The Training Trifecta

Is your training program truly complete?

For many cyclists who live in warm-weather cycling locales with big climbs and bomber descents, winter brings frigid temps and and unfavorable conditions. This drives many of us into our pain caves, striving to grow our level of fitness through the dark winter months. Some of us compliment this training with gym time aimed at building power, combating future injuries, or simply to mix it up. Increasing fitness and building strength in the offseason definitely pays dividends come spring, but those are just two elements of the training trifecta. The capstone of a complete training program is improvement of technique - and no single piece of training equipment builds proper form and technique as effectively as rollers.

Rollers have been used by serious cyclists for over a century, well before the advent of the stationary trainer. In fact, Charles Minthorn Murphy, the first man to ride one mile in one minute, used rollers in his training all the way back in 1901. Consisting of three drums, a frame, and belt connecting the front and middle drum, rollers are brilliantly simple. Their simplicity is a big reason they’re still the preferred warm-up tool for many road and almost all track cyclists. They simply unfold the roller set on a flat surface, set their bike upon them, and go, no fussing about with the axles, dropouts, or anything else. Rollers are much easier to move around than stationary trainers, and Kreitler Kompact rollers can be folded and slid underneath many couches or chairs. In addition to their simplicity and convenience, they provide a rich array of benefits to users.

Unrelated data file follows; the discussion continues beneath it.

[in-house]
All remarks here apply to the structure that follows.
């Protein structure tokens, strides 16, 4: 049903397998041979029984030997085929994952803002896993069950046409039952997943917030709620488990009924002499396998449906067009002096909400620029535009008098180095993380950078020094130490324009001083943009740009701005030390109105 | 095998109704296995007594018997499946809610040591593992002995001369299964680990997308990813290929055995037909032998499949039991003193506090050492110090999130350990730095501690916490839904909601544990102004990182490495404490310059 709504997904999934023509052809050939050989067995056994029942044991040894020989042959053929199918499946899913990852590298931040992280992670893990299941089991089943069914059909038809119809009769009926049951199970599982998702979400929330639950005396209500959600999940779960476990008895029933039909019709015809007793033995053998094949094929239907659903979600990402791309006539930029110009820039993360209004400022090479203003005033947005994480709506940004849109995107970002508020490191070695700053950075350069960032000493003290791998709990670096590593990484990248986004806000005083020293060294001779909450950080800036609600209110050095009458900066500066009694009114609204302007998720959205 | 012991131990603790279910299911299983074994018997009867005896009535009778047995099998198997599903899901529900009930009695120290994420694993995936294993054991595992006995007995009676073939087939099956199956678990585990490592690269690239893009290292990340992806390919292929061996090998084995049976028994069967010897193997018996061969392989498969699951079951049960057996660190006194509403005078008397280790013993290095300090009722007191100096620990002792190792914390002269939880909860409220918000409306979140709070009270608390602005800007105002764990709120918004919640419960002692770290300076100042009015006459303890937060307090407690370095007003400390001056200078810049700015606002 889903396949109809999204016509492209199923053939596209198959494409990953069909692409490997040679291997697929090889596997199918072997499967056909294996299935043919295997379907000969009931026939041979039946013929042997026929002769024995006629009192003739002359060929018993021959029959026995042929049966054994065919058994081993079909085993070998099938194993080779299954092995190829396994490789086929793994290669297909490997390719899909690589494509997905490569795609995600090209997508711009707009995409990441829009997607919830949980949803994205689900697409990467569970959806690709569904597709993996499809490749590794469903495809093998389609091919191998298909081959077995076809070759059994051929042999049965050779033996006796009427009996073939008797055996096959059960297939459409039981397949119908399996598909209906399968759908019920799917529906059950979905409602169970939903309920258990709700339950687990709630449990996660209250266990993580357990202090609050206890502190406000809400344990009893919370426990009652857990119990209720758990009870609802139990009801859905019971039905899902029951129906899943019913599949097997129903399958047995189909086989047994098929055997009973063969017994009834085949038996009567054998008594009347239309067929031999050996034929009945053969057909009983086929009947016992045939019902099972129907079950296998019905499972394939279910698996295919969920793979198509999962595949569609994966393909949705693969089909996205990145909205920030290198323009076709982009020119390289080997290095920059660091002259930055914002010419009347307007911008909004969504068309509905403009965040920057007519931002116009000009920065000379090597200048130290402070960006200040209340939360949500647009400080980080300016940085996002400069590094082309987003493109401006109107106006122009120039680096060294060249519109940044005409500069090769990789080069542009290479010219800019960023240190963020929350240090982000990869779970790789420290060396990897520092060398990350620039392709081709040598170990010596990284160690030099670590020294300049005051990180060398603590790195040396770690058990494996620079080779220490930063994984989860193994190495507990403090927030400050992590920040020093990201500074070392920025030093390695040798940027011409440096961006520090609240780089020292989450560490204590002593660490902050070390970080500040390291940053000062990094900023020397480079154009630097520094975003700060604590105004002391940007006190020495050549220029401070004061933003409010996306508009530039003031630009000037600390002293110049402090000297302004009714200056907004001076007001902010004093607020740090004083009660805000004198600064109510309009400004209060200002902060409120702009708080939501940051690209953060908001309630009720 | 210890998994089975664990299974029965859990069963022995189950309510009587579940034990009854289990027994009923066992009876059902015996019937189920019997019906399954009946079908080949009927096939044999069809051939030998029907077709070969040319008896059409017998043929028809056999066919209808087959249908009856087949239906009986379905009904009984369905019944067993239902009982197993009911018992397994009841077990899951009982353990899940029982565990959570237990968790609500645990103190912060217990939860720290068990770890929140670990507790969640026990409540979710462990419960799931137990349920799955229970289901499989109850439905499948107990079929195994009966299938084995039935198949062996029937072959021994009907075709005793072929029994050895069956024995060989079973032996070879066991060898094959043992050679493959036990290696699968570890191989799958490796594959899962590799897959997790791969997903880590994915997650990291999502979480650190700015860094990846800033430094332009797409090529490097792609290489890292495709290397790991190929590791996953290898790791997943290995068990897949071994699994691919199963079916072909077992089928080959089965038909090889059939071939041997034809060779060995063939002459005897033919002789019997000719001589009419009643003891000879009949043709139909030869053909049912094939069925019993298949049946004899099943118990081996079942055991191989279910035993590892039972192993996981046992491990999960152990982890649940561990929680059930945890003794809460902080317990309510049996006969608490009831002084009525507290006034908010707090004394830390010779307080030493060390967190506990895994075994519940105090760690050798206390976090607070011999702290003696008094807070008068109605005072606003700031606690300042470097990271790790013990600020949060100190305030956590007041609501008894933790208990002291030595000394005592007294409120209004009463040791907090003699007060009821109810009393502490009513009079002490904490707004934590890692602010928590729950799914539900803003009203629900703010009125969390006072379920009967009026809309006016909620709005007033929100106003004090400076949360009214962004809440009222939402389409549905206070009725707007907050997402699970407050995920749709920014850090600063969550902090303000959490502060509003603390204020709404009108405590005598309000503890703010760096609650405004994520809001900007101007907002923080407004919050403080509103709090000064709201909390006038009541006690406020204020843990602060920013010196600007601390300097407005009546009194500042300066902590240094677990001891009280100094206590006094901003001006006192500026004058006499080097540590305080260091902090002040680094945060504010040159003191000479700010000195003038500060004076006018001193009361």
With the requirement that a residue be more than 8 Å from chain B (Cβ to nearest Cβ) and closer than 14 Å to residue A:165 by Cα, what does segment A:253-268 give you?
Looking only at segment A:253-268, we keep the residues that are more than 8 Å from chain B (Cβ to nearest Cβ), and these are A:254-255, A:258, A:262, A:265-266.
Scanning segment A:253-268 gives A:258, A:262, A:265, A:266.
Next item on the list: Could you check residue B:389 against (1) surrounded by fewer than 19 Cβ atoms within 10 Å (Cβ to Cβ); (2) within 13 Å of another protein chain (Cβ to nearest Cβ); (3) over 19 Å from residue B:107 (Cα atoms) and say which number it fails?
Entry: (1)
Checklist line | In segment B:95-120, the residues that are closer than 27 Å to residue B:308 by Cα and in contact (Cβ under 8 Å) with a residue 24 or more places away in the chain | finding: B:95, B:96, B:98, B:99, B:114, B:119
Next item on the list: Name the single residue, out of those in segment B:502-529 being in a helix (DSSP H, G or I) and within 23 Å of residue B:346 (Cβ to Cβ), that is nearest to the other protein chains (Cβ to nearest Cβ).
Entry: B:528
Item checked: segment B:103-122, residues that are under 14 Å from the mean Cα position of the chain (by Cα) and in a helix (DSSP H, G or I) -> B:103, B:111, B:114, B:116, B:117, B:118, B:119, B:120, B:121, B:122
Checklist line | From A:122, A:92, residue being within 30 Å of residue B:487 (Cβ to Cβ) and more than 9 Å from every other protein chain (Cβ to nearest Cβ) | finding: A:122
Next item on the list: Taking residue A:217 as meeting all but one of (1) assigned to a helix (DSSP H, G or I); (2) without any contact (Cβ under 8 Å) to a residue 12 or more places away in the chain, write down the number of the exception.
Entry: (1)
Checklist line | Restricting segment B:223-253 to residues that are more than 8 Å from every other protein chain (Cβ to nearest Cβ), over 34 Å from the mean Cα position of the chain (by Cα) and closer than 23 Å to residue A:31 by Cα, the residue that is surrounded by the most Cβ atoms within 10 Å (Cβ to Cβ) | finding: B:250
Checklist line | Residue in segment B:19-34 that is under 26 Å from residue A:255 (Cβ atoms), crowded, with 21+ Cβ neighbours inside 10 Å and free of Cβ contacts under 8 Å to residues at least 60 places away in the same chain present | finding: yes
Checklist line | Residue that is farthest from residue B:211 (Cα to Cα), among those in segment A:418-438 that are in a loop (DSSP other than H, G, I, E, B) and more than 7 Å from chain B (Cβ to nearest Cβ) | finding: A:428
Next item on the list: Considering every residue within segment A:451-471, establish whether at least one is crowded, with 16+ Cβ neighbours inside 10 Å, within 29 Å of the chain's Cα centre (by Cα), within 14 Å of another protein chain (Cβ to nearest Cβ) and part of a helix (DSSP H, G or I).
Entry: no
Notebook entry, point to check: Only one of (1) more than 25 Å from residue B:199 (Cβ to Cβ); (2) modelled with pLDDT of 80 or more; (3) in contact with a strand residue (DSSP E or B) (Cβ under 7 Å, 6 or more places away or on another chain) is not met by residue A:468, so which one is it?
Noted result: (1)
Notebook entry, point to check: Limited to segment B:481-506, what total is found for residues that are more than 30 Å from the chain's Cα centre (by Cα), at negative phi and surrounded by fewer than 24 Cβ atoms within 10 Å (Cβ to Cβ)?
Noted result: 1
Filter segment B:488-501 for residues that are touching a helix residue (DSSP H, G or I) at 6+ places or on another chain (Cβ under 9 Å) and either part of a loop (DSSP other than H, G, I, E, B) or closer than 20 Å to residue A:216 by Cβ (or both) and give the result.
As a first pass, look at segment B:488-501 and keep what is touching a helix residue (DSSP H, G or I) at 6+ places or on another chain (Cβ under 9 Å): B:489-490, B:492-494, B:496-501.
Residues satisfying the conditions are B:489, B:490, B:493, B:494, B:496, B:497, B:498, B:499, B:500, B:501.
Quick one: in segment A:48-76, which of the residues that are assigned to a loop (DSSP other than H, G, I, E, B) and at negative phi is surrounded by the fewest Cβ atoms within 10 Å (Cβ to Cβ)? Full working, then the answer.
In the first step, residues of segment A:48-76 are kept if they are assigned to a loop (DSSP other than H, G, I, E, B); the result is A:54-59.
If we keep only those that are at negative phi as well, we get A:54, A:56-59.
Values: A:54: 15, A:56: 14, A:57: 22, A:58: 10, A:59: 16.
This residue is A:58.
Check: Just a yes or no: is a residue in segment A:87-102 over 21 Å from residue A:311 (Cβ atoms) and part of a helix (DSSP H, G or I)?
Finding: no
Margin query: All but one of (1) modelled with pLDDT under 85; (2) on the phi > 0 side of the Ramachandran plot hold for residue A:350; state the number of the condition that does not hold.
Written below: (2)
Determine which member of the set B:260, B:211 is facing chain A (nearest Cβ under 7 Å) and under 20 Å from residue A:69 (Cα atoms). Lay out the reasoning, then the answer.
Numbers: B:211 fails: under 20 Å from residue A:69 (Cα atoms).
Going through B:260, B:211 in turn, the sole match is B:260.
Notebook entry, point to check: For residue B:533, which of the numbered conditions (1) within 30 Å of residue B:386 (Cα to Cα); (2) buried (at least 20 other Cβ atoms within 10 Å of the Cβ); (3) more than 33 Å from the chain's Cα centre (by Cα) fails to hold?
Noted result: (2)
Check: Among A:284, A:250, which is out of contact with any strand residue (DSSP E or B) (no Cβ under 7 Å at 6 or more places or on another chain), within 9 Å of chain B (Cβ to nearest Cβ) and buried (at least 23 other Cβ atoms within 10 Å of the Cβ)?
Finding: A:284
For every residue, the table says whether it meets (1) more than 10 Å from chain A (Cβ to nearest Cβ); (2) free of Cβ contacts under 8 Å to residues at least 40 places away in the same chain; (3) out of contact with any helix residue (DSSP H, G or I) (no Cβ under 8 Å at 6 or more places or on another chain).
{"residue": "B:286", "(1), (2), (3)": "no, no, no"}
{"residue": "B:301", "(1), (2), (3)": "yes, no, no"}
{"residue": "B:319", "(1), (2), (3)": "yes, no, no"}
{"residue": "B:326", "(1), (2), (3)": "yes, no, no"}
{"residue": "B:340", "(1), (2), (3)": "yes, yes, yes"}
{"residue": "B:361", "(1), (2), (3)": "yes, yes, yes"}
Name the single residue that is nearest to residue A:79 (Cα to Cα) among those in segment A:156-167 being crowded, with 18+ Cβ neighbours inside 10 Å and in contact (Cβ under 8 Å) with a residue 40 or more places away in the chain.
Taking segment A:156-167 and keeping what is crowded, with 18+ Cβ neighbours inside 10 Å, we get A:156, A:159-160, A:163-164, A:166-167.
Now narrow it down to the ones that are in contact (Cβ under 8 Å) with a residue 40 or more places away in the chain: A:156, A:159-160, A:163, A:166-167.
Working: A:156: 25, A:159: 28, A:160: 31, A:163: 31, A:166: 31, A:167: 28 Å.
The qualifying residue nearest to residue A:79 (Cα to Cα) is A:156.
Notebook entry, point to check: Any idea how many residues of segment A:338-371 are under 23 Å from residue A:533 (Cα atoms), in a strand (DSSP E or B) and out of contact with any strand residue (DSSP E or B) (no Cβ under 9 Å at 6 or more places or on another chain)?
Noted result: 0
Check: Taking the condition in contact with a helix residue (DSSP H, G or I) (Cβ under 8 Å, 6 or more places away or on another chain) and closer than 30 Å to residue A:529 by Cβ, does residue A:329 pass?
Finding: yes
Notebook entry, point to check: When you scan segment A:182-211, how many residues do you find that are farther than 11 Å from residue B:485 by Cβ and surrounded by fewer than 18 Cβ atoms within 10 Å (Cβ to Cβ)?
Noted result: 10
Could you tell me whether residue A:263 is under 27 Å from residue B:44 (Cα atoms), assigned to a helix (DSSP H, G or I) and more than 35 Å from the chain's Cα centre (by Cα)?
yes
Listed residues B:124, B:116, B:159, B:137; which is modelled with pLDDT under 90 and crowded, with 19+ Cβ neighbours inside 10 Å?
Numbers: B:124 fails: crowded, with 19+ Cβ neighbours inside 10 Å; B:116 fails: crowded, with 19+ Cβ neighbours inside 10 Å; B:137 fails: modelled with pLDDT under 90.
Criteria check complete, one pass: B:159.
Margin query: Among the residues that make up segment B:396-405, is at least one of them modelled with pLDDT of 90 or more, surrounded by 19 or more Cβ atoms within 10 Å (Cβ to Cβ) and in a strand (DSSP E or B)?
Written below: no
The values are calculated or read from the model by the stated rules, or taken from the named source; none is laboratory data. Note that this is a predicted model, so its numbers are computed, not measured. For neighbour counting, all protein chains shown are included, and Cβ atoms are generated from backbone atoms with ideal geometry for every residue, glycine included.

An ideal training program for all cyclists, regardless of discipline, consists of equal parts fitness, strength and from improvement.

An ideal training program for all cyclists, regardless of discipline, consists of equal parts fitness, strength and from improvement.


 Benefits to Form

 

Efficiency

If you're "pushing squares" instead of "spinning circles" you'll know immediately on rollers. They reward a smooth, even pedal stroke with a planted and stable feel in the saddle. A choppy pedal stroke will result in bouncing, shaking and overall instability on the rollers. Throughout the winter, work on the dead spots in your pedal stroke by creating new muscle memory activating the correct muscle groups throughout the stroke. This will eliminate wasted energy from your form and allow you to go faster. 


Speed

Our roller drums are perfectly smooth and spin on high-end sealed bearings, so, alone, they provide very little resistance. This allows you to push big gears at high speeds (cadence) which benefits muscular endurance. Being able to produce big wattage is great, but being able to produce it over extended periods and finish a race strong is even better. Furthermore, a fast cadence is preferred over slower as it requires more from your cardiovascular system versus your skeletal muscles, which recover slower. Practicing a fast, smooth cadence is the most comfortable on rollers and you'll find yourself taking that improved technique outdoors on your next ride.


Balance

Whether it's impressing motorist with your ability to track stand through long lights, your skill in slow technical terrain, or even your comfort in riding within a group, balance is a key component of high-performance cycling. The act of riding on rollers quickly highlights any inherent imbalance you have in your form - whereas a stationary trainer does not. In fact, on a trainer your form can be so imbalanced that if you tried to replicate it outdoors on a real bike, you'd be on your butt in no time! Awful balance won't fly on rollers either. By spending time on your rollers throughout the winter you'll be constantly engaging your core to tighten balance and technique.